Desert Ovals

People go two ways over Easter. They lift the city off its foundations and dump it on the coast, or go to the footy. Especially footballers with the Easter bye. You can spot them in an Anzac Day crowd by the way they barrack. The AFL suporter will call: “Kick it, kick it, kick it!” The player will yell: “You’re hot, you’re hot, you’re hot!”

Neither option was my idea of a break. People aren’t my idea of a break.

I boated the work ute and dog to the mainland and hooked in with Jenny and all her tattoos, and by morning we were on a road trip that ended up covering three deserts, in three states, in four days.

The ute and dish licker felt right. The stereo was all tinny, yet damn fine. The more it crackled and fuzzed, the more it sounded like vinyl on dusty, gravel roads.

We broke into national parks, and boozed a bit with small town publicans, and kept on the move, traveling, mostly, along sandy 4wheel drive tracks as if driving, windows down, was its own destination. We took in motion while the world still has oil.

Some time on day three Jenny told me I was just doing a tour of football ovals.

I hadn’t realised, but, agreed.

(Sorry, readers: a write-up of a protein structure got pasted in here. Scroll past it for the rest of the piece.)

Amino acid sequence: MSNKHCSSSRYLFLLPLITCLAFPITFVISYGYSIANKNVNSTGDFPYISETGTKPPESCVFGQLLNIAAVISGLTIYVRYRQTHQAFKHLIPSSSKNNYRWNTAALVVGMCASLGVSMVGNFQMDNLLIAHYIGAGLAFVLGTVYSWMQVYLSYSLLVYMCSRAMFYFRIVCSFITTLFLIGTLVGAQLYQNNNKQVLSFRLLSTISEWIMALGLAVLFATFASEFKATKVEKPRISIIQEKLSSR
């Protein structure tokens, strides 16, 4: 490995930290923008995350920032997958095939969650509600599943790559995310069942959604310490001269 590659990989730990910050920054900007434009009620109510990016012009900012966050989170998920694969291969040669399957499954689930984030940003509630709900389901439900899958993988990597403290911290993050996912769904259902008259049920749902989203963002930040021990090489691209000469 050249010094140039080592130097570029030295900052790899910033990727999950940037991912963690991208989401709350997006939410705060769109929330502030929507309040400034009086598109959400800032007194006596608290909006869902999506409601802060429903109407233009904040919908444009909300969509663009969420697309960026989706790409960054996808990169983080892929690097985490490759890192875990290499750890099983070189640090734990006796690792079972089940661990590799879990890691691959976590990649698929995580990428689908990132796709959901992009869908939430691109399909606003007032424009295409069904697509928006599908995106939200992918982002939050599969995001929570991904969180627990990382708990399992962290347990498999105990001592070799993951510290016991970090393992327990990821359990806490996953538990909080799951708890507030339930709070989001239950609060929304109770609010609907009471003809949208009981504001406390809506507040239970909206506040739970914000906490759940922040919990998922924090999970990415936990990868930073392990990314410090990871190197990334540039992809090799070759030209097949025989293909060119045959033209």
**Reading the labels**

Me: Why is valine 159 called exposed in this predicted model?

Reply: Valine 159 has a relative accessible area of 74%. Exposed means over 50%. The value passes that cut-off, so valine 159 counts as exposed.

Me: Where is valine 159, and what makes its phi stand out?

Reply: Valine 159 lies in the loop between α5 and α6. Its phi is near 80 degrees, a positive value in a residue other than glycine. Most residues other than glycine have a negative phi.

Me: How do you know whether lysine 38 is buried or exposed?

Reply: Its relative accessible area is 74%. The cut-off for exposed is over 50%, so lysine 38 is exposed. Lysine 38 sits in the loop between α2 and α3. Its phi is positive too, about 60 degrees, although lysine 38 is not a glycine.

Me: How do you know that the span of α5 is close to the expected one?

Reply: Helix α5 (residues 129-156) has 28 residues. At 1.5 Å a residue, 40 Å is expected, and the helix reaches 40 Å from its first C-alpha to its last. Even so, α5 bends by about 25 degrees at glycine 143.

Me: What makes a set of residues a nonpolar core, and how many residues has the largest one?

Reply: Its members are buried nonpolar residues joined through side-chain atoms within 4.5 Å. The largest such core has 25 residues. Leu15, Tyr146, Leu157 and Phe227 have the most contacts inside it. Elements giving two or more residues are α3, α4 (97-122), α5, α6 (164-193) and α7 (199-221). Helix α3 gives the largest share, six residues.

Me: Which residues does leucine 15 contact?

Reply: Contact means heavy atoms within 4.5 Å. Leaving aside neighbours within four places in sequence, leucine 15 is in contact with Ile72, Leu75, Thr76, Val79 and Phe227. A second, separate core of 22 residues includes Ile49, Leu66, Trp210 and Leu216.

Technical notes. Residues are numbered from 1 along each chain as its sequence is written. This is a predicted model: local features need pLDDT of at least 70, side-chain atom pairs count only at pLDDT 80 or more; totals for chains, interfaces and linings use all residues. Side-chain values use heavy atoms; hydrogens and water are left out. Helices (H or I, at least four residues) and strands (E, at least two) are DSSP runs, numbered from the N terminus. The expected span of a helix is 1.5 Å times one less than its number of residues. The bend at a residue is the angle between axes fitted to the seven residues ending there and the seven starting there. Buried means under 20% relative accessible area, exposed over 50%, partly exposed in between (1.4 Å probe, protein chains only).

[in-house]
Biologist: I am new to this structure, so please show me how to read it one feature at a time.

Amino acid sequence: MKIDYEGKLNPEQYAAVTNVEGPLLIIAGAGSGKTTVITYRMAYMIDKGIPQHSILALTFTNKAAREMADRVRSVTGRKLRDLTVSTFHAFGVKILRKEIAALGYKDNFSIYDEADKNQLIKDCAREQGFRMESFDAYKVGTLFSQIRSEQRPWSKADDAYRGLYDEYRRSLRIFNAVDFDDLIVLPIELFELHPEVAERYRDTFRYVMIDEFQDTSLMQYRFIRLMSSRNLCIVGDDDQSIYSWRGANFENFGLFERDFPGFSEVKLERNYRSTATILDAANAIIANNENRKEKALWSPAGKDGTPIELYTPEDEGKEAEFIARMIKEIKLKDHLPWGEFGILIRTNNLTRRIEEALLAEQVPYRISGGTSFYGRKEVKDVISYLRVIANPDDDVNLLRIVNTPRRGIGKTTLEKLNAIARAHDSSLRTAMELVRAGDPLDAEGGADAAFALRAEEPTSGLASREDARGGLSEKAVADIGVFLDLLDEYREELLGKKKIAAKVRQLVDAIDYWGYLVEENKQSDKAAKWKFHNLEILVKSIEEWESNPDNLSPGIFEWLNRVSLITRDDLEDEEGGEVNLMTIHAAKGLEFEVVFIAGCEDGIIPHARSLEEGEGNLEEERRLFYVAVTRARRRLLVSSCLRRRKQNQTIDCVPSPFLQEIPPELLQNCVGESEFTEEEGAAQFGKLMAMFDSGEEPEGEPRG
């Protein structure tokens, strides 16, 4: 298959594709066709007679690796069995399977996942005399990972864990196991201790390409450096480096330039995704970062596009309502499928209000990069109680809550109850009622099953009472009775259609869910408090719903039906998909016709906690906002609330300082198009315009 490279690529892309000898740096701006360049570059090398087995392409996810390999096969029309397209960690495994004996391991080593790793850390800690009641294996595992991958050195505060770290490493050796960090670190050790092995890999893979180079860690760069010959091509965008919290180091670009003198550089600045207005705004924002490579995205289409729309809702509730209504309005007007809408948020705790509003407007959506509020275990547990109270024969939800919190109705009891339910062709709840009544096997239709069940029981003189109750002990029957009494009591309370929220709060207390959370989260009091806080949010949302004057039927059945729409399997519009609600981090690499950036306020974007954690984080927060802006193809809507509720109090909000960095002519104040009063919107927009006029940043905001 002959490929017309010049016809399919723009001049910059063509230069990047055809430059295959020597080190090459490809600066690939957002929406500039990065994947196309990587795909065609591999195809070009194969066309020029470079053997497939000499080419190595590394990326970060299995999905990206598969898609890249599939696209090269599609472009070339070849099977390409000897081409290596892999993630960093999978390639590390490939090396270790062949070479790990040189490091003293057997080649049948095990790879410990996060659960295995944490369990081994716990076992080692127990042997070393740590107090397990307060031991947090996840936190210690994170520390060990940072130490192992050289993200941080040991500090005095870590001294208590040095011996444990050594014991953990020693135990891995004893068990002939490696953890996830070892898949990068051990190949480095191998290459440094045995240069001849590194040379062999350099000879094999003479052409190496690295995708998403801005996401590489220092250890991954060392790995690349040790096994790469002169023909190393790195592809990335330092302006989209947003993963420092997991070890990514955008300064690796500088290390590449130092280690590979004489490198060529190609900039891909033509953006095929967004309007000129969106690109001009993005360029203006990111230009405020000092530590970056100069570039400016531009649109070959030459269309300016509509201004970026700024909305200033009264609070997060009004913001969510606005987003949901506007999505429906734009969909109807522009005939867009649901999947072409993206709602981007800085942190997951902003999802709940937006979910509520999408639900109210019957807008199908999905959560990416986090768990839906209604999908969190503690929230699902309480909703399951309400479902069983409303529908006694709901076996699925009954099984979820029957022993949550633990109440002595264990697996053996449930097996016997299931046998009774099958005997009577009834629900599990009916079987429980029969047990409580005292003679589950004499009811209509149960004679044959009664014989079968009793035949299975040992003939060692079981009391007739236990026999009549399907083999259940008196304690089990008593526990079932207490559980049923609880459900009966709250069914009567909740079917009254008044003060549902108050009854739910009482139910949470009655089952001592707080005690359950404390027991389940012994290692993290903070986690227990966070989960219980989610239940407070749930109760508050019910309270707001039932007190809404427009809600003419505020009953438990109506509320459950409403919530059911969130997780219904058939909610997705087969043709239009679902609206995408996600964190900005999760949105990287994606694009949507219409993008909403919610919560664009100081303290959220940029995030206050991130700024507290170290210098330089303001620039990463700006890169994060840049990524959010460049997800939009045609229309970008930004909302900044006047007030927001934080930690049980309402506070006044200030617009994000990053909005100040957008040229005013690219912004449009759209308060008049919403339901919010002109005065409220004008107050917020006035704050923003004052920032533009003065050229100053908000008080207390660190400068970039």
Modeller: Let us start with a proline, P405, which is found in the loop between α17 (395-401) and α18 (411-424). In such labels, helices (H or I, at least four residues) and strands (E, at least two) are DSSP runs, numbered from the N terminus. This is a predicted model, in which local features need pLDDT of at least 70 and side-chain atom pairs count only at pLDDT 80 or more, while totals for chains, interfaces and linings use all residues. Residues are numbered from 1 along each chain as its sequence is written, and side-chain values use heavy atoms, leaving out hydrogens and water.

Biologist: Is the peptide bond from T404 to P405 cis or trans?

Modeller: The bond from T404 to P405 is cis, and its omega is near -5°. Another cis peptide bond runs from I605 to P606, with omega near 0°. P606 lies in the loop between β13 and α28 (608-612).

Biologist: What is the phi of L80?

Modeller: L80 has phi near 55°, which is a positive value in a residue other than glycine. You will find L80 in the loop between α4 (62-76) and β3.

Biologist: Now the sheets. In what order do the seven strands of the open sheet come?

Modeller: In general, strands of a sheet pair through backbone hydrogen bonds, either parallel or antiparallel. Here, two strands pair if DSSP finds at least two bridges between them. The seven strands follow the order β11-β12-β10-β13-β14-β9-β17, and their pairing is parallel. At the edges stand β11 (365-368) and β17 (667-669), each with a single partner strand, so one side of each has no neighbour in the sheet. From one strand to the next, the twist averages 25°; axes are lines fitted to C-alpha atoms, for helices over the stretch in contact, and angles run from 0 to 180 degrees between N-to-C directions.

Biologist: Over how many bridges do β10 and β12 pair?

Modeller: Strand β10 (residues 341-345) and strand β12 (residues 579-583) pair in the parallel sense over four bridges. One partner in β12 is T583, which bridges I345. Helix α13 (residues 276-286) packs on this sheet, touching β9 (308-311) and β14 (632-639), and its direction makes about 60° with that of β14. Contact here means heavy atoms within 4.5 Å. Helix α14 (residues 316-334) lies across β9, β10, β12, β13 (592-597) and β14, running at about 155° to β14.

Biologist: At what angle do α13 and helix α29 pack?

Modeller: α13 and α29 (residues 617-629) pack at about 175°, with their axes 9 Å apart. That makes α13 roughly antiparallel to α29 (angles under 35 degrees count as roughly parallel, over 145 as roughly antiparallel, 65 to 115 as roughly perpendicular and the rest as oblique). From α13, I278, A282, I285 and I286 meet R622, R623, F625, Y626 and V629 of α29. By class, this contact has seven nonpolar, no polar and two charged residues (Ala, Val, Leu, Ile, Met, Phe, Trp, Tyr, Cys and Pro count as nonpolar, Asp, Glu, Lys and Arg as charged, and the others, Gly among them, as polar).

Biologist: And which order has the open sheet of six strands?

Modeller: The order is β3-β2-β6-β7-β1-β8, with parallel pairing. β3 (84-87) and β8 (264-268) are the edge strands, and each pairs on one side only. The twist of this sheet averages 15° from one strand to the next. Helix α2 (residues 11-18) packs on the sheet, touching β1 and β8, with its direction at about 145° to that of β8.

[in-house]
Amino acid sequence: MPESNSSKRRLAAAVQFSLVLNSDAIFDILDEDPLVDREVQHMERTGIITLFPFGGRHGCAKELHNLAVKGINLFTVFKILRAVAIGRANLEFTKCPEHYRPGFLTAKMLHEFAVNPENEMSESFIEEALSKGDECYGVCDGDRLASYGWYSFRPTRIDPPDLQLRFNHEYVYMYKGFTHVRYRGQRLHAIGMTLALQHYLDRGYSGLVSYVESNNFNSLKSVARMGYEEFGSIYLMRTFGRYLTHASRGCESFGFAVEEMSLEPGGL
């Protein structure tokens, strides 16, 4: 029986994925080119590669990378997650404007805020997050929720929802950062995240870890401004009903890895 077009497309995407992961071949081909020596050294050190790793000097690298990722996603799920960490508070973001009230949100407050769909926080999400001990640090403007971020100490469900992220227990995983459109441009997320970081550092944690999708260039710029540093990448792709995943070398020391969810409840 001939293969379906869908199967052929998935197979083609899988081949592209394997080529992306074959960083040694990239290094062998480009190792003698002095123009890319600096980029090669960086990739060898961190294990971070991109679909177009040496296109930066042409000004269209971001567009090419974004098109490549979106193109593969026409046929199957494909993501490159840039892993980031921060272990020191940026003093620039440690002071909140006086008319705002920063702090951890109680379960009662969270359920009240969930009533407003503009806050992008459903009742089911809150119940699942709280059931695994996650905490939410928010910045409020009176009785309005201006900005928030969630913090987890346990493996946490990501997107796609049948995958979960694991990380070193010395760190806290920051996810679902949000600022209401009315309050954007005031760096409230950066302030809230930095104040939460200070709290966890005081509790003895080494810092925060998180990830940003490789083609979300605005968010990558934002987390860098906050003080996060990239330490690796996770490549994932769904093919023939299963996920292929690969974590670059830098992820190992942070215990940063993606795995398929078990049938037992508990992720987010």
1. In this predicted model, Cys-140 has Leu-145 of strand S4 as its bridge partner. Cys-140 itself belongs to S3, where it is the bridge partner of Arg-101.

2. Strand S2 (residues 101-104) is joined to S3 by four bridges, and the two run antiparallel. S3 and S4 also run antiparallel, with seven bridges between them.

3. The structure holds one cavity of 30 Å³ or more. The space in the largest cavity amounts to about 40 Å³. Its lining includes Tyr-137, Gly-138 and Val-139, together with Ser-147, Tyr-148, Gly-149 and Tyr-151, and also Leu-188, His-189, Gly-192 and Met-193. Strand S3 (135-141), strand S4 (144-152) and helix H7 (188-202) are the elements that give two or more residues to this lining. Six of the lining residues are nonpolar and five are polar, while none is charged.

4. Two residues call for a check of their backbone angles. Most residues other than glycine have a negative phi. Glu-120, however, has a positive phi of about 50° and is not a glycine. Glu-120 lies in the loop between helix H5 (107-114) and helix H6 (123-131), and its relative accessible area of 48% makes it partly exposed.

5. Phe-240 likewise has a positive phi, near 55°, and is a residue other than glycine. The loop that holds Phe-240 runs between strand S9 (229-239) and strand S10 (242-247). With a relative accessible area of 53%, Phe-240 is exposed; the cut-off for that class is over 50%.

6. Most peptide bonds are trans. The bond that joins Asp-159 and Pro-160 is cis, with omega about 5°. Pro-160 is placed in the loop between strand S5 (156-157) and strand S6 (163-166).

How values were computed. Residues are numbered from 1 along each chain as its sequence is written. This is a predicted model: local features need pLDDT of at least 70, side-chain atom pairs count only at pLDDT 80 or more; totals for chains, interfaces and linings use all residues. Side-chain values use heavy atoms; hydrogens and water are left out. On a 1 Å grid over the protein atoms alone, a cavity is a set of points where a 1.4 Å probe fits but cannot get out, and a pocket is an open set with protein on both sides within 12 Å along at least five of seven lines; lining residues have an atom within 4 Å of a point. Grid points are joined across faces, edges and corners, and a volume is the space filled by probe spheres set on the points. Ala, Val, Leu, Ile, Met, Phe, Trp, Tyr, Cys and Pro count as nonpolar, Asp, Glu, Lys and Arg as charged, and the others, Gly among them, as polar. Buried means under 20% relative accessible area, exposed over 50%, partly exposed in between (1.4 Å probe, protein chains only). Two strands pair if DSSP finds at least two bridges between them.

Each town had it’s tourist traps, it’s polished history, their old wool sheds without the grease and pain. They never looked that good in their day. Who does that to a place? Usually the sort of ponce that yearns for a past that would eat them alive. Small and out of the way, the towns we passed through that were best, just were.

Every time we hit one I rolled the ute by their footy oval. To get a feel for the history of the place. It’s culture and romance. It’s grunt and blood. To measure its health, faded glory, or strength.

Hamilton’s main oval was the best. Not big, but it had a ripper stand with barbie between its stairwells, sheltered from any wind, and big, thin slope around its outside, so the crowd would be bunched and in the play, and everything on the other side of the brick fence fall away. It was a small veladrome. Old, but not faded. Not at all. They seemed to be the Magpies, but you can’t help luck.

There were one-pub-town ovals, tucked into gullies, off backroads you got to from other backroads. There was a ground which was a paddock with a round fence somewhere towards the back of it. It reminded me of the best oval I’ve seen, past Wilcannia, somewhere in northern NSW. Maybe the mining town of Whitecliffs, which takes six bumpy hours to get to from anywhere.

You drove out of town and its underground homes, and, somewhere in the distance you noticed the endless red desert had a round steel fence on it, with a small, shonky, raised scoreboard and an old, plastic school seat. The dust passed through it and to the horizon. The goal posts looked tired, as if they copped it from every lightning storm that came through. Your only hope of a soft landing was emu shit.

I was as jealous as all hell.

We drove through the Sunset Desert, coming out at an oval elevated above the flood plains. Wheat fields everywhere. Its height reminded me of Bridport, back in Tas. When I first came down the boys kept telling me how good the view from it was. That I should take a look while out there.